"A lot of people think that getting educated in the streets [has] all these negative connotations to it." But there are advantages, he says. "You learn confidence, you learn teamwork, you learn a lot of different aspects that you can utilize later in your life. ... We had some good folks in the neighborhood."

As a youth, Peters pondered being a lawyer. At the time of his upbringing, it was ingrained in him that after attending college, "you're going to get a job somewhere, and you're probably going to work there the rest of your life. ... You want a stable kind of environment.

"So, like most folks, I guess I was expecting to do the same. Inside of me [I knew] it wasn't necessarily what I wanted to do. But I was on that path."

Peters' record as a good student landed him at Hendrix College in Conway after graduation from Central in 1986.

Peters cherishes his time at Hendrix.

"It was a great, great experience in some instances, and it was a tough experience," he says. "From a cultural perspective, there [were] not a lot of African Americans on campus. The good thing about that is because there were so few, we were a very, very close-knit group of folks."

Among those folks was one of Peters' closest friends and former college roommate -- Darrin Williams, now chief executive officer of Southern Bancorp Inc.

Williams says his relationship with Peters goes back to them attending kindergarten together at Central High School when it had a kindergarten program. "It was when we were both back at Central as high school students that [our] friendship cemented, and now he is like a brother to me," Williams says.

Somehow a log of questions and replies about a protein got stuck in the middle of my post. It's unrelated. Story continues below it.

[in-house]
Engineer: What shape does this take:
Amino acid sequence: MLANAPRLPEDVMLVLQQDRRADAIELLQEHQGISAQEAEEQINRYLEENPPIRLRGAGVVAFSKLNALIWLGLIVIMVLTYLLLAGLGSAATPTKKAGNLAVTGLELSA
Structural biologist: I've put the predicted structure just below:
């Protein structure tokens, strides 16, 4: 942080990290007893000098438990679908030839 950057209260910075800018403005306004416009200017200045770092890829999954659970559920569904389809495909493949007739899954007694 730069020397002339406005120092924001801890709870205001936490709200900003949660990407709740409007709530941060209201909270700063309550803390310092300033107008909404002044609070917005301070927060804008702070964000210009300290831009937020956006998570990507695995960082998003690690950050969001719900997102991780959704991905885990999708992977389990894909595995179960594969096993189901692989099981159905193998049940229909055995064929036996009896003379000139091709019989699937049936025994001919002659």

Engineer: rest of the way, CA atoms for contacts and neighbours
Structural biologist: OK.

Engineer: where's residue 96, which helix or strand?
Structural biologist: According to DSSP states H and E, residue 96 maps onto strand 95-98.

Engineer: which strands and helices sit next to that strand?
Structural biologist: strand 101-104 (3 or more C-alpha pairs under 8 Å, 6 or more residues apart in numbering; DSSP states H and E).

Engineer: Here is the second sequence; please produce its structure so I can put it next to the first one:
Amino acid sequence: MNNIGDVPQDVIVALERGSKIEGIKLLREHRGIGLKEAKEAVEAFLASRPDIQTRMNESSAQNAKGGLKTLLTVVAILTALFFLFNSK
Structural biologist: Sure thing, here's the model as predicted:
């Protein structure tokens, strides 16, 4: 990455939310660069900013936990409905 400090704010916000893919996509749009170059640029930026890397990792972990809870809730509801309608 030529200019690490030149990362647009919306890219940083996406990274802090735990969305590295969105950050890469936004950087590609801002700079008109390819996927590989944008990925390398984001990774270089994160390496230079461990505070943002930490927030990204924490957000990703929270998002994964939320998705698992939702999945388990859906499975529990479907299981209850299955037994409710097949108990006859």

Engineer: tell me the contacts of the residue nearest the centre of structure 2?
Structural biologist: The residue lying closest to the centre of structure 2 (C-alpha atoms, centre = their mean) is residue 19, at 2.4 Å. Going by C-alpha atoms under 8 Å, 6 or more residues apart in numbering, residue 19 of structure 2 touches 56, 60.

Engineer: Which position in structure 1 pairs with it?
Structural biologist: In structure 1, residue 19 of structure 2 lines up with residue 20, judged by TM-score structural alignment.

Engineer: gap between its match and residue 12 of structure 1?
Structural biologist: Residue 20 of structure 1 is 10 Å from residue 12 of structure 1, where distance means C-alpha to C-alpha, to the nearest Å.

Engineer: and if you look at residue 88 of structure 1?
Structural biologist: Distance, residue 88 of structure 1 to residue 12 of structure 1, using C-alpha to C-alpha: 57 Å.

"He is a 'salt of the earth' kind of guy," Williams adds, describing Peters. "I could not ask for a more loyal, honest and supportive friend. ... He is also about the most honest person that I know. He is going to tell you the truth whether you want to hear it or not."

It was also while at Hendrix that Peters met his wife, Vivian. She was a student at the University of Central Arkansas in Conway. The two have been married 28 years and have two children, Brandon, who works with his father at Peter Damon Group; and Sydney, a student at the University of Nebraska.


After graduating from Hendrix in 1990 with a political science degree, Peters got a job at the former Metropolitan National Bank, then he applied to law school. During his first year of law school, he left to join the campaign of former President Bill Clinton.

Peters was sent out on the campaign trail -- "a young Black political operative, traveling around the country ... ahead of these primaries, going into the Black communities, telling them about Bill Clinton.

"It made a huge difference for them to see people that looked like them, already working with this governor from Arkansas that they [didn't] really know a whole lot about."

Working with the Clinton campaign, Peters says, "was one of the greatest experiences I've had in my life. ... I learned so much."

Once that successful campaign ended, Peters went to Washington and began working at the Department of Commerce and the Minority Business Development Agency before joining Clinton's re-election campaign. After that, he went to the White House and the Department of Energy.